- Business strategy
- Game theory
- Industrial organization
Daniel P. O’Brien is a former Senior Economic Policy Adviser and Deputy Director of the Federal Trade Commission’s Bureau of Economics, and former Chief of the Economic Regulatory Section at the Department of Justice’s Antitrust Division. As Deputy Director for Antitrust at the FTC, he was responsible for overseeing the economic analysis in all of the agency’s antitrust investigations. He has led investigations across a wide range of industries, including mobile telephone and internet services, car rental services, retail products manufacturing and distribution, software, futures exchanges, banking, wholesale distribution, aerospace pharmaceuticals, broadcast television, cable and satellite television programming and distribution, academic journals, aluminum manufacturing, and telecommunications, among others.
Dr. O’Brien has presented his research at numerous universities and conferences around the world. His widely-published research has affected how antitrust agencies approach competition issues, including: vertical restraints in environments with bilateral contracts, which illuminates conditions under which restraints can have pro-competitive and anti-competitive effects; critical loss analysis, which showed how to properly apply this tool to assess market power and competitive effects; and partial ownership, which is used by antitrust authorities to analyze the competitive effects of joint ventures and partial acquisitions. That work was also the first to explain the role of price pressure indices in analyzing the effects of partial or complete mergers between producers of differentiated products. His current research includes work on conditional pricing practices (share-based discounts, exclusive dealing, and tying and bundling), cross ownership by institutional investors, and the economics of privacy and disclosure, all topics motivated by his work at the antitrust agencies.
Prior to joining Bates White, Dr. O’Brien taught economics at Northwestern, Michigan, Georgetown Law School, the University of Verona, Italy, and most recently the Kelley School of Business, Indiana University, where he was a Visiting Professor of Business Economics. He has presented internal workshops on the economics of vertical restraints and horizontal mergers to economists at the FTC and DOJ. He has been a frequent adviser to and presenter before foreign antitrust and regulatory authorities, including those in the European Union, South Korea, Brazil, Peru, Columbia, Venezuela, Bolivia, Ecuador, Egypt, and the Czech Republic.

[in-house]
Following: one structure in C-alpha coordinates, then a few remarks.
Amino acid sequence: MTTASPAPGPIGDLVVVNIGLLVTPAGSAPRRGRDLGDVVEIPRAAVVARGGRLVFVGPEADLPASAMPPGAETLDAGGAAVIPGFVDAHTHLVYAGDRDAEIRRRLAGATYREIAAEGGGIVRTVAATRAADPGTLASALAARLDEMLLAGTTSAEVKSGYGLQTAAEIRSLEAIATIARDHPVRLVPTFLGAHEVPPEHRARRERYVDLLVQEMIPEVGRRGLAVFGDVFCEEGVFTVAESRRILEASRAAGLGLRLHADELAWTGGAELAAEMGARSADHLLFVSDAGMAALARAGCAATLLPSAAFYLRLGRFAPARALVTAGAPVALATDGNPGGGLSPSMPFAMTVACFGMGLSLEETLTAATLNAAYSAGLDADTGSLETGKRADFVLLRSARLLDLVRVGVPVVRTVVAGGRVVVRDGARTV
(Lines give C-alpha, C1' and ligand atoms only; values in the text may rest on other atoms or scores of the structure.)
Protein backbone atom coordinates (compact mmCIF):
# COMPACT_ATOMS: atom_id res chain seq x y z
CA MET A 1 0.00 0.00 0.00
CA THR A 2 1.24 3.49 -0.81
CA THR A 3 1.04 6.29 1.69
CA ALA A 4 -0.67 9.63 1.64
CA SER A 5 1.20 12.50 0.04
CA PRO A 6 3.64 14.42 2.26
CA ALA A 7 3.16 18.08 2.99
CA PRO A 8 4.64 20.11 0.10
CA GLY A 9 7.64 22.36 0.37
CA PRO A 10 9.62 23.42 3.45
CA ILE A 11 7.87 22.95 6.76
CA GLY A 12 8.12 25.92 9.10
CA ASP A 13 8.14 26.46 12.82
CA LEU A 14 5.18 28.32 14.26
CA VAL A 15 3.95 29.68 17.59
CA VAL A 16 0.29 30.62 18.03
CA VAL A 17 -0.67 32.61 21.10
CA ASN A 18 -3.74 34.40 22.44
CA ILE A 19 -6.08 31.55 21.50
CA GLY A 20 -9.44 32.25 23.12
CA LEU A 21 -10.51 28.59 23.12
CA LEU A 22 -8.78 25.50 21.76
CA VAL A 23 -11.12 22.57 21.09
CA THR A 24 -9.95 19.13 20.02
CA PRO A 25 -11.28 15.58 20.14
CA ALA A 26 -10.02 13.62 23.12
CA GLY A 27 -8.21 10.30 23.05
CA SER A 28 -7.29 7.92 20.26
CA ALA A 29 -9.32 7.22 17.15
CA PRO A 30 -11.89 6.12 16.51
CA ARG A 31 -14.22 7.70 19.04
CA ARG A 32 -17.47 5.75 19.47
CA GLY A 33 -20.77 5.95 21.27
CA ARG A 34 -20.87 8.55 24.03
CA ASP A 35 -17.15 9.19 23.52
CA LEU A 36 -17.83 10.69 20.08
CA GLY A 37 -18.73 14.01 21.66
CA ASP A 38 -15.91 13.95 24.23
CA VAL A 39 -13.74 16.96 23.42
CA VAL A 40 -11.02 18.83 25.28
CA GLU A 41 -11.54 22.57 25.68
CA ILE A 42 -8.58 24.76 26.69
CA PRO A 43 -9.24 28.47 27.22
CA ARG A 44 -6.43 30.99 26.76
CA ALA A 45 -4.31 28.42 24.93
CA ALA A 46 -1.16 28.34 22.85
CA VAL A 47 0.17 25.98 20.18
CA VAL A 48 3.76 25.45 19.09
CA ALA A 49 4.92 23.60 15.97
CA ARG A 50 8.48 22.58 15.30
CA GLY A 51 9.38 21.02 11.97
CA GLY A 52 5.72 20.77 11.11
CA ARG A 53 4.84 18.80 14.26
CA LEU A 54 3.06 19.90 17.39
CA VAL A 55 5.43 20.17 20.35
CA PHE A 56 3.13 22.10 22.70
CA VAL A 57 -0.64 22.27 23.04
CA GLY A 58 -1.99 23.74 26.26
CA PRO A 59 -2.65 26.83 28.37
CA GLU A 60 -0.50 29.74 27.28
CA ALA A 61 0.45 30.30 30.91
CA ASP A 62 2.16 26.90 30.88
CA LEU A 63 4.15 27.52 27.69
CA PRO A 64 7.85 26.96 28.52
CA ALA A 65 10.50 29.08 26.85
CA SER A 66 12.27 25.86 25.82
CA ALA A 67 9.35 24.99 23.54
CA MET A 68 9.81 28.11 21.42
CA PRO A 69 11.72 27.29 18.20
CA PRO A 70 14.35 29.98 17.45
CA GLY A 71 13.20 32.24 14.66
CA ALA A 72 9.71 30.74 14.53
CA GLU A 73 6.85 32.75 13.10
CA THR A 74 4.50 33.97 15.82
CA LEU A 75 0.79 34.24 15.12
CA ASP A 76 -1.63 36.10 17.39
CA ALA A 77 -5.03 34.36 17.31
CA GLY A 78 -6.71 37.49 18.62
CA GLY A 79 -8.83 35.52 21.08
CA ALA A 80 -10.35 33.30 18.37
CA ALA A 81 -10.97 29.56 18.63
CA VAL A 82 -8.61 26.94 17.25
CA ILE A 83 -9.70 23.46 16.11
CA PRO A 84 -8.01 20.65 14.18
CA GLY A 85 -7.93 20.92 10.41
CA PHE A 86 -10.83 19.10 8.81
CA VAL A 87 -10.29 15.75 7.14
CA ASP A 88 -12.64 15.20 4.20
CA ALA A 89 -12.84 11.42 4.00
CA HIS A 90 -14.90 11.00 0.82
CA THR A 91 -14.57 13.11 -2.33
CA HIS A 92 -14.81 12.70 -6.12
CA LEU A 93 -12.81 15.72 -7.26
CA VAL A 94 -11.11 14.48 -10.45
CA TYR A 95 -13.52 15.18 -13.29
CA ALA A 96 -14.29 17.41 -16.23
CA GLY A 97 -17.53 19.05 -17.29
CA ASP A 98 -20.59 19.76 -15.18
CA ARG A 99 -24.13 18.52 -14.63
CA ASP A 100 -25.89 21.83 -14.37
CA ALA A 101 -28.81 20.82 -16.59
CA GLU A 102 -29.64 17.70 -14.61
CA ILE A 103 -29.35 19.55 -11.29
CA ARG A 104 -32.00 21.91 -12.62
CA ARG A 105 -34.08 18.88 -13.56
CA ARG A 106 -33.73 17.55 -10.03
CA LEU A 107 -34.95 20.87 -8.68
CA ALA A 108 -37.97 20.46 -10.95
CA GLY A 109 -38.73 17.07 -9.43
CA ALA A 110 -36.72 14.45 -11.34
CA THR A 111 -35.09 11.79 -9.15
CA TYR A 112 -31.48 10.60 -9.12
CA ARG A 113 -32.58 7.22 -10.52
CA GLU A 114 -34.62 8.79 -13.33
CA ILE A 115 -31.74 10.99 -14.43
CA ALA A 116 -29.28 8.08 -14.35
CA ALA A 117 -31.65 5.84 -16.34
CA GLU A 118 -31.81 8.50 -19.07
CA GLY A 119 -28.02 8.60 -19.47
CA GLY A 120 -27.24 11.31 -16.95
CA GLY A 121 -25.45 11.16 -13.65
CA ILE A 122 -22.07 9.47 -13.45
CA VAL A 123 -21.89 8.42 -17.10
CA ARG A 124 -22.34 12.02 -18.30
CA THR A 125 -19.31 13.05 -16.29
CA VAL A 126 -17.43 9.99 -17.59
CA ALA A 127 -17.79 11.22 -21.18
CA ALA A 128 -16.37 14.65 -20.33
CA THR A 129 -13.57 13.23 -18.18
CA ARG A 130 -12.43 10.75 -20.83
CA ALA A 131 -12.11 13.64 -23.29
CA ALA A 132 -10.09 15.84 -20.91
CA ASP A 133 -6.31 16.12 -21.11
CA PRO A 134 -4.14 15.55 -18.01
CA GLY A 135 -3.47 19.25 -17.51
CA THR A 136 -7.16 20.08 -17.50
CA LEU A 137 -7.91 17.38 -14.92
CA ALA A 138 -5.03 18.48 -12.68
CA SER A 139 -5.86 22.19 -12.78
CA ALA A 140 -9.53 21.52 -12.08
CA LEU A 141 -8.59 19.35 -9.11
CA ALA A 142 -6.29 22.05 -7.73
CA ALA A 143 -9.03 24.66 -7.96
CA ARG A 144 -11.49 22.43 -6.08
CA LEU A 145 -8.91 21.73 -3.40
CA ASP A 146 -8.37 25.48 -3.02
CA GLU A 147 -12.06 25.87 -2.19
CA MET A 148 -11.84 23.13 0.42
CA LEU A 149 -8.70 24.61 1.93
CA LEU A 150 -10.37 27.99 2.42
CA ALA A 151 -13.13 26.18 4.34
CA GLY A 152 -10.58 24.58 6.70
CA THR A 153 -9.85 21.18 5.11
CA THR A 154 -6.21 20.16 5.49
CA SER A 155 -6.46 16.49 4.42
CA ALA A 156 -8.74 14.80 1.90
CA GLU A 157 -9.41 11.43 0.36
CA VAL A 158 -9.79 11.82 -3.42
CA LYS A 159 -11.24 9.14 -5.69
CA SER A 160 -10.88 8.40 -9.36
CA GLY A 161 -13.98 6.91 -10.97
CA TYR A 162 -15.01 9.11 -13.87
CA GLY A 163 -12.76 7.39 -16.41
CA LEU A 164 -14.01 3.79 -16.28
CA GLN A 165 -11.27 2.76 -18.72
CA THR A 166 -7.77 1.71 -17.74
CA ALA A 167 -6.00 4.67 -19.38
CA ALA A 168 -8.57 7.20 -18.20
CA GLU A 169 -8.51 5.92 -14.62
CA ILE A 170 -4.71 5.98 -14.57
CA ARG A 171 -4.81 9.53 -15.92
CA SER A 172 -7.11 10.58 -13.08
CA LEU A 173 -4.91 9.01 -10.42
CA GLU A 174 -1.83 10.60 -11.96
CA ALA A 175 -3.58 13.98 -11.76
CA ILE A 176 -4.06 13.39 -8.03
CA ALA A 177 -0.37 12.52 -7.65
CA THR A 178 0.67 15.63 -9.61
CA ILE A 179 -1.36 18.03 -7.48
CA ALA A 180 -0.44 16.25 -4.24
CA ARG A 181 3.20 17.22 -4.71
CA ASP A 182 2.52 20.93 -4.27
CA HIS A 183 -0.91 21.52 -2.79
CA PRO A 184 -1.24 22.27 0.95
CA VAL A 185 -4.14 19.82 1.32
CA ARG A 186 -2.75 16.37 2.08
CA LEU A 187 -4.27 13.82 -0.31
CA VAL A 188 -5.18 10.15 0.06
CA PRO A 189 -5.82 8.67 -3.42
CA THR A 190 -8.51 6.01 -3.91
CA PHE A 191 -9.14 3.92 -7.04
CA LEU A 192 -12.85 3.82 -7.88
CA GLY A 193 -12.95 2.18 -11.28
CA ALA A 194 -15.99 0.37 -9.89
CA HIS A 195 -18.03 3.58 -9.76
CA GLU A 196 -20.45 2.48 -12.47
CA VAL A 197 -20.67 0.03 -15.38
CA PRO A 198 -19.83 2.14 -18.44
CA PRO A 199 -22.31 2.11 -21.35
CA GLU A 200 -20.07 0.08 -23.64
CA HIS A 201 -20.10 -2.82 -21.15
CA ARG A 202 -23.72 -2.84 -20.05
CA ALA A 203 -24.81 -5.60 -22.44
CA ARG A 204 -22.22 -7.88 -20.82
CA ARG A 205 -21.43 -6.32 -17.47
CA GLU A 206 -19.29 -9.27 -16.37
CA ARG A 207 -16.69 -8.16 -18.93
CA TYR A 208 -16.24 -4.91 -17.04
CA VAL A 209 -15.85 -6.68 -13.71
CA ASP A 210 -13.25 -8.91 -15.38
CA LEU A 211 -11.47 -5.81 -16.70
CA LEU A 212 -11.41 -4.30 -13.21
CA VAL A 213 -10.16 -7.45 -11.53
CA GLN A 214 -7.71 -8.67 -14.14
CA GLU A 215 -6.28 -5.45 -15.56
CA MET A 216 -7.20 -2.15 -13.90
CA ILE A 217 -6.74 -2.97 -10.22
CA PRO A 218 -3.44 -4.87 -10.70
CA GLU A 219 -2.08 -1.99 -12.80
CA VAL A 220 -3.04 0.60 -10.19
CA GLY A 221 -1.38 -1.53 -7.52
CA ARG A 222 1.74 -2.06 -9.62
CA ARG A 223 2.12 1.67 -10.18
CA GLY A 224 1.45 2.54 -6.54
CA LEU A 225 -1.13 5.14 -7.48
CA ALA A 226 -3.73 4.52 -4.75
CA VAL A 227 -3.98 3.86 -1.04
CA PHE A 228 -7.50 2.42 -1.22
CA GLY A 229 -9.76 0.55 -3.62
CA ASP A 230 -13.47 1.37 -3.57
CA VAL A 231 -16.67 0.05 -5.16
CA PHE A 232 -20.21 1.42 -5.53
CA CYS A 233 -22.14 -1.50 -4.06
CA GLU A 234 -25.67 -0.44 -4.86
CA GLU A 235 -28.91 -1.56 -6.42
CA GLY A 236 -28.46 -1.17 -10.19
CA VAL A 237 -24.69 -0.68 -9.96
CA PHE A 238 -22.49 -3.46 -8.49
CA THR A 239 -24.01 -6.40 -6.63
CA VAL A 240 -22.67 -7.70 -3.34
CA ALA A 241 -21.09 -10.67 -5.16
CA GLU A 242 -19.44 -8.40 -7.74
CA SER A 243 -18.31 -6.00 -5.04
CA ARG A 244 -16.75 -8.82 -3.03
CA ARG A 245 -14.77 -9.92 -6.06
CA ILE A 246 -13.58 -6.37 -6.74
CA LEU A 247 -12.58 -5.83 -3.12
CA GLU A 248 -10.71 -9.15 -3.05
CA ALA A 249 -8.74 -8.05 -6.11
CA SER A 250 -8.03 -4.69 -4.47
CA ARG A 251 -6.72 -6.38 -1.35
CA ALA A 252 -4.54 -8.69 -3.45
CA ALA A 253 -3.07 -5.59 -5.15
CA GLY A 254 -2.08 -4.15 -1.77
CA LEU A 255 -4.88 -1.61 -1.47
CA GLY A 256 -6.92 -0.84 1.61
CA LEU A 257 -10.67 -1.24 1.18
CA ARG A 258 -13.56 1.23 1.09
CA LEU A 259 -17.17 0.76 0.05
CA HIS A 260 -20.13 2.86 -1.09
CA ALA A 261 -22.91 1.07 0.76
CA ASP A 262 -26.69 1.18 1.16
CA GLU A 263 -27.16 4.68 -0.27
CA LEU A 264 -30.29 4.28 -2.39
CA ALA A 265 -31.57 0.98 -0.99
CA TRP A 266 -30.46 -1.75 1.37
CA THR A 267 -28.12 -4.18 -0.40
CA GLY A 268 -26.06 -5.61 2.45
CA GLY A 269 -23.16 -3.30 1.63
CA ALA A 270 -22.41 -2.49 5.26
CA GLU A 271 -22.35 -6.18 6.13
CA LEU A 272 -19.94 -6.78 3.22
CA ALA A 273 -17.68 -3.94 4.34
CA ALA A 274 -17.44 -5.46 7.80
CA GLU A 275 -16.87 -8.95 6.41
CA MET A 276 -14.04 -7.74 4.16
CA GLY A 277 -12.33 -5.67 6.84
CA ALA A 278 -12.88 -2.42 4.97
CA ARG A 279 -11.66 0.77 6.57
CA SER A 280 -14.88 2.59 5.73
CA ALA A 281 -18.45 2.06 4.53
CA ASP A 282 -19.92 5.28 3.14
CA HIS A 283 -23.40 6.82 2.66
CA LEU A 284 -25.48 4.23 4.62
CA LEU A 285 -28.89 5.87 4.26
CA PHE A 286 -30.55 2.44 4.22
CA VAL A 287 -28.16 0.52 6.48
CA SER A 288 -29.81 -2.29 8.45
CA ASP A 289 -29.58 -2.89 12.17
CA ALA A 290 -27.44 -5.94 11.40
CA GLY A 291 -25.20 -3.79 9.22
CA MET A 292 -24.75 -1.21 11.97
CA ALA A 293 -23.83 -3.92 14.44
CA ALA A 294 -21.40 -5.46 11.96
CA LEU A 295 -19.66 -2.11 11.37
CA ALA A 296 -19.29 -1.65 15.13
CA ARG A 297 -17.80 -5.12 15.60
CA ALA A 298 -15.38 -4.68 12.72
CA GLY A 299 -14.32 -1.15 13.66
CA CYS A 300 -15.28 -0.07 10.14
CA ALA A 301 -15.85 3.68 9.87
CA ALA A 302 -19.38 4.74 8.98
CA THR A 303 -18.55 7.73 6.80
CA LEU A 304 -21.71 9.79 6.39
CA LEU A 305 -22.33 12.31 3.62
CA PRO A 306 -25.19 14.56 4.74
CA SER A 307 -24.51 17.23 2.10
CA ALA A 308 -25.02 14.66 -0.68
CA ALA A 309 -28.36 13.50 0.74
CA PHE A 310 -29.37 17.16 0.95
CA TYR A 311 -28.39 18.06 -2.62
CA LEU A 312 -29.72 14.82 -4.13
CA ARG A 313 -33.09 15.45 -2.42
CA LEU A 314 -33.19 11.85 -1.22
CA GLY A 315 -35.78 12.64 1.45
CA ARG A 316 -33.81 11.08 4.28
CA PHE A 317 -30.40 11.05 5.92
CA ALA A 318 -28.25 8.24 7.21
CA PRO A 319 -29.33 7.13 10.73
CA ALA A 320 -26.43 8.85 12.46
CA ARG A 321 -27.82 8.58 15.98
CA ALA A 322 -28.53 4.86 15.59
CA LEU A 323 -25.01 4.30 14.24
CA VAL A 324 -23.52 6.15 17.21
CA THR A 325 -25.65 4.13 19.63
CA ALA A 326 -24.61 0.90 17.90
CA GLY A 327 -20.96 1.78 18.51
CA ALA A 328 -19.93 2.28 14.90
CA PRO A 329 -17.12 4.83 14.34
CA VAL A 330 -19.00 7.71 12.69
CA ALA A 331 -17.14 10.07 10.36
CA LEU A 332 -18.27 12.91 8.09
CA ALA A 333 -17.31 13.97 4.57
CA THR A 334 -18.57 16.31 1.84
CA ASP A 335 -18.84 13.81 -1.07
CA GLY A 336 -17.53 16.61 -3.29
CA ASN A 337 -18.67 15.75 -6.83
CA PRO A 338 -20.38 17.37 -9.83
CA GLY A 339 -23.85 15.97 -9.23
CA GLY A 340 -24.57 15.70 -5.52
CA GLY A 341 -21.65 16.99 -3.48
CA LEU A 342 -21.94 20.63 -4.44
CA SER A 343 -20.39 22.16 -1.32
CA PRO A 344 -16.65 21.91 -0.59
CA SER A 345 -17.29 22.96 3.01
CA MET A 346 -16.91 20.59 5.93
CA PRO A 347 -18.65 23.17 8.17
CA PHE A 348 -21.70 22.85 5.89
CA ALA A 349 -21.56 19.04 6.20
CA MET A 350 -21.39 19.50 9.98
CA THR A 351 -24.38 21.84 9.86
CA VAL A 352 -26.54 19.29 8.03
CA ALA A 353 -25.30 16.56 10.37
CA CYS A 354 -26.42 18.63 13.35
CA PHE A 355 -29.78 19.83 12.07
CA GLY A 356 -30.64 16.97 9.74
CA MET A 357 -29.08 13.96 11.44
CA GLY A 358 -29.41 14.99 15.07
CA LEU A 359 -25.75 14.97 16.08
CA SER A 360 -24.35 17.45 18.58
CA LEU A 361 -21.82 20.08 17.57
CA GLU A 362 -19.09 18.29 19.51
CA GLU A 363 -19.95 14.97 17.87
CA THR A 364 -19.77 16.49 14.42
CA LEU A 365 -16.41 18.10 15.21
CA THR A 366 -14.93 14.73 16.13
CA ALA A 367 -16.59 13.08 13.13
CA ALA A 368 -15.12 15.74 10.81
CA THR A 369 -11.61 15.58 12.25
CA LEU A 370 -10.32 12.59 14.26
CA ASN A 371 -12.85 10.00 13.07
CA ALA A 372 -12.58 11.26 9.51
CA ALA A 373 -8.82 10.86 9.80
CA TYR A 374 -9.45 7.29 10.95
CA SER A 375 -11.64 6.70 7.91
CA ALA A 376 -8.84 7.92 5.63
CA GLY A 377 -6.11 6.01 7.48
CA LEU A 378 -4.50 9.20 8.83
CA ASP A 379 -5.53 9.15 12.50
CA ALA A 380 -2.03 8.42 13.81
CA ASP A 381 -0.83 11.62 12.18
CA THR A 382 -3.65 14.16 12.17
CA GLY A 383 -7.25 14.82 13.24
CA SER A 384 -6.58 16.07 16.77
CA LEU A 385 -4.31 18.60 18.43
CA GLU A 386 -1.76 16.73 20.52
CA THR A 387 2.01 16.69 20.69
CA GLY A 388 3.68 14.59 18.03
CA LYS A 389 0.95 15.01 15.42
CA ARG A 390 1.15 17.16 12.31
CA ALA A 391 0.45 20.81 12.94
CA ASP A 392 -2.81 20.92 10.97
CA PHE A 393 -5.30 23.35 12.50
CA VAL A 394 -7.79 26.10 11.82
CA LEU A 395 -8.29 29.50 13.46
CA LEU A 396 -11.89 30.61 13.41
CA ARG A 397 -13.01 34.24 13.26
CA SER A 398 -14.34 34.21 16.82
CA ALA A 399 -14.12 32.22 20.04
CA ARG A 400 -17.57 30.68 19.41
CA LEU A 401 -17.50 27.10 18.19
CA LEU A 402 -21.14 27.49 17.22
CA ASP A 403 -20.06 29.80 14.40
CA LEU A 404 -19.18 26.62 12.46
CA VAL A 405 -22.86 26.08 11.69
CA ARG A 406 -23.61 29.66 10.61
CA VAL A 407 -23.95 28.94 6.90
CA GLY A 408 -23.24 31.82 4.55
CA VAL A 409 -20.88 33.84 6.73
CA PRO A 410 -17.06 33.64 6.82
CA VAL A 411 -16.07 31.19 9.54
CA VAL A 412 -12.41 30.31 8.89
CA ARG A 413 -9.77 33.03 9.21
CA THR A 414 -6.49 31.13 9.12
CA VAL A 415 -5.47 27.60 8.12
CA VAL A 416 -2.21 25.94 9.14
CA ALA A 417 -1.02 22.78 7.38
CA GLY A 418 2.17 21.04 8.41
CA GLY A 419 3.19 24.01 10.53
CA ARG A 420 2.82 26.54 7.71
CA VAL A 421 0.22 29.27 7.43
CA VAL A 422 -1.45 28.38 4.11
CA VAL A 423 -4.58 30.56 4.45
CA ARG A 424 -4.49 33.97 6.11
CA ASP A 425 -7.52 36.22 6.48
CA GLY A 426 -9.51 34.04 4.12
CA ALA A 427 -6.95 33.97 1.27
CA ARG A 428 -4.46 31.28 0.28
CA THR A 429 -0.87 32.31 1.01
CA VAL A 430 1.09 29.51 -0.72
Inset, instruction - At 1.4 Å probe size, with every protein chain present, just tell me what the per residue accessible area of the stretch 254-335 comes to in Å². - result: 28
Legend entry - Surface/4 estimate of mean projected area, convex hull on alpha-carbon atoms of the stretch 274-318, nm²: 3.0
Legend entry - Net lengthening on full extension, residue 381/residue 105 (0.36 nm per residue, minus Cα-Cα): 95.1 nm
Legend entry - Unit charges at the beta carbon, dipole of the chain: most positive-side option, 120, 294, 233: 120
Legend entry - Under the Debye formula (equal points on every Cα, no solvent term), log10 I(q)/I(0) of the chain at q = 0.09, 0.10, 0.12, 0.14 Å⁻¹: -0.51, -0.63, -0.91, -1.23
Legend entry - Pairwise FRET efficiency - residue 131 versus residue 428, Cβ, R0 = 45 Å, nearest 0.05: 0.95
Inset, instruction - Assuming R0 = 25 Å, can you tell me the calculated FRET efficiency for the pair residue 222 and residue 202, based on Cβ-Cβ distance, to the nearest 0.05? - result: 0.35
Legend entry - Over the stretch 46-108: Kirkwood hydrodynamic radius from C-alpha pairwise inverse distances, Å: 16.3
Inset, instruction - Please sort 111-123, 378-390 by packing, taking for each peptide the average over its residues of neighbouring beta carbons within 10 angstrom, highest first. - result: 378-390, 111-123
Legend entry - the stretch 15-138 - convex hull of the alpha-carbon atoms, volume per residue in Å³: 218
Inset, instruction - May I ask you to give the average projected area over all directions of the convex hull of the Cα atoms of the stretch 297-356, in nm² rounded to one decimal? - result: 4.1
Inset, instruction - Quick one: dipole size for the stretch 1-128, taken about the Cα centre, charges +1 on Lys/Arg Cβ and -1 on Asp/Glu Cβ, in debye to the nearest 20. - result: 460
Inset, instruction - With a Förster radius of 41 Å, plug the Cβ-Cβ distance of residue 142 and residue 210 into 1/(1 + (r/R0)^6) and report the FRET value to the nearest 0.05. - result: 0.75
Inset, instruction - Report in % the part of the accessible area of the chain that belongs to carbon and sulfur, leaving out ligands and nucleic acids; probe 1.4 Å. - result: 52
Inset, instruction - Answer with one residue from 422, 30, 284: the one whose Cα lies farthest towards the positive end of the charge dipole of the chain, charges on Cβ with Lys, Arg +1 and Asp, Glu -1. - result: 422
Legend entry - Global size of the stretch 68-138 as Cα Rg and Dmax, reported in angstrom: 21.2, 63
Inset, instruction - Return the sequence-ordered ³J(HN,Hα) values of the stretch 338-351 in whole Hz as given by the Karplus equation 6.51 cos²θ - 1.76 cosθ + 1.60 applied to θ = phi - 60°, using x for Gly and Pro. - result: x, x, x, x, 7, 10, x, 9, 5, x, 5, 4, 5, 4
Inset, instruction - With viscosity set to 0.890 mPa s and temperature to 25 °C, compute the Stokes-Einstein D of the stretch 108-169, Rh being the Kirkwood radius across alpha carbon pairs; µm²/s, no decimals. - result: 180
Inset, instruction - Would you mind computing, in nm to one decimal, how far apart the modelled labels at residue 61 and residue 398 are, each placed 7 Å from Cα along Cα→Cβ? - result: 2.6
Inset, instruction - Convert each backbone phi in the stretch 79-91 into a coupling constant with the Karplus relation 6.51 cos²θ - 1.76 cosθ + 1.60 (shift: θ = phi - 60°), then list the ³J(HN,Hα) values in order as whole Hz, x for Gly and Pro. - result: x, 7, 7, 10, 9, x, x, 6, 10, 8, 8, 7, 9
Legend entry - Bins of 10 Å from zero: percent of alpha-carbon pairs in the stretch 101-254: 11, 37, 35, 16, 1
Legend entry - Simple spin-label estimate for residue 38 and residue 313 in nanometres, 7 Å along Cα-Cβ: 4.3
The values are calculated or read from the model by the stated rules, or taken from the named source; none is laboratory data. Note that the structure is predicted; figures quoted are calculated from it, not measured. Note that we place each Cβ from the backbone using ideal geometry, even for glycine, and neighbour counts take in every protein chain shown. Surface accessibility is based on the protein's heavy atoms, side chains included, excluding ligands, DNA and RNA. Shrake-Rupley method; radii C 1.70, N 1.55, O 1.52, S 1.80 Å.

Pre-Bates White experience
- Identified and developed potential theory of harm in monopolization investigation in mobile telephony industry. Theory showed how an owner of intellectual property (IP) that is vertically integrated into the production of products governed by its IP can use vertical restraints (bundling, share-based discounts, and/or exclusive dealing) to evade fair, reasonable, and nondiscriminatory royalty constraints agreed to in the standard-setting process.
- Prepared as Federal Trade Commission’s (FTC) economic expert in its investigation of the Hertz/Dollar–Thrifty merger. Work included an empirical assessment of the price effects of previous mergers in the industry; assessment of evidence in firms’ contemporaneous documents; identification and proof of theories of harm based on the evidence; writing of an expert report; and development of potential testimony. Explored both unilateral and coordinated effects theories.
Produced expert report and prepared as FTC’s economic expert in Nestle/Dreyers merger, which combined the first and third largest producers of super-premium ice cream. Conducted empirical analysis of the demand for ice cream at the brand level, defined product markets, and assessed competitive effects. Work was central to the agency’s decision-making in case.
Coordinated economic analysis of merger between Chicago Mercantile Exchange and Chicago Board of Trade. Conducted empirical analysis of substitutability of financial futures products; the likelihood that new products would enter and compete head-to-head with the merging products absent the merger; and whether the merger would create additional barriers to entry by other exchanges in the financial futures business.
Developed a theory of partial ownership to assess the competitive effects of the Time Warner–Turner merger. Tailored the theory to the cable TV industry by accounting for vertical relationships and the ownership structure and corporate control provisions in the industry. Analysis became a model for how to assess the competitive effects of partial ownership.
- PhD, Economics, Northwestern University
- MA, Economics, Northwestern University
- BA, Economics, Carleton College, Magna Cum Laude
- November 7, 2016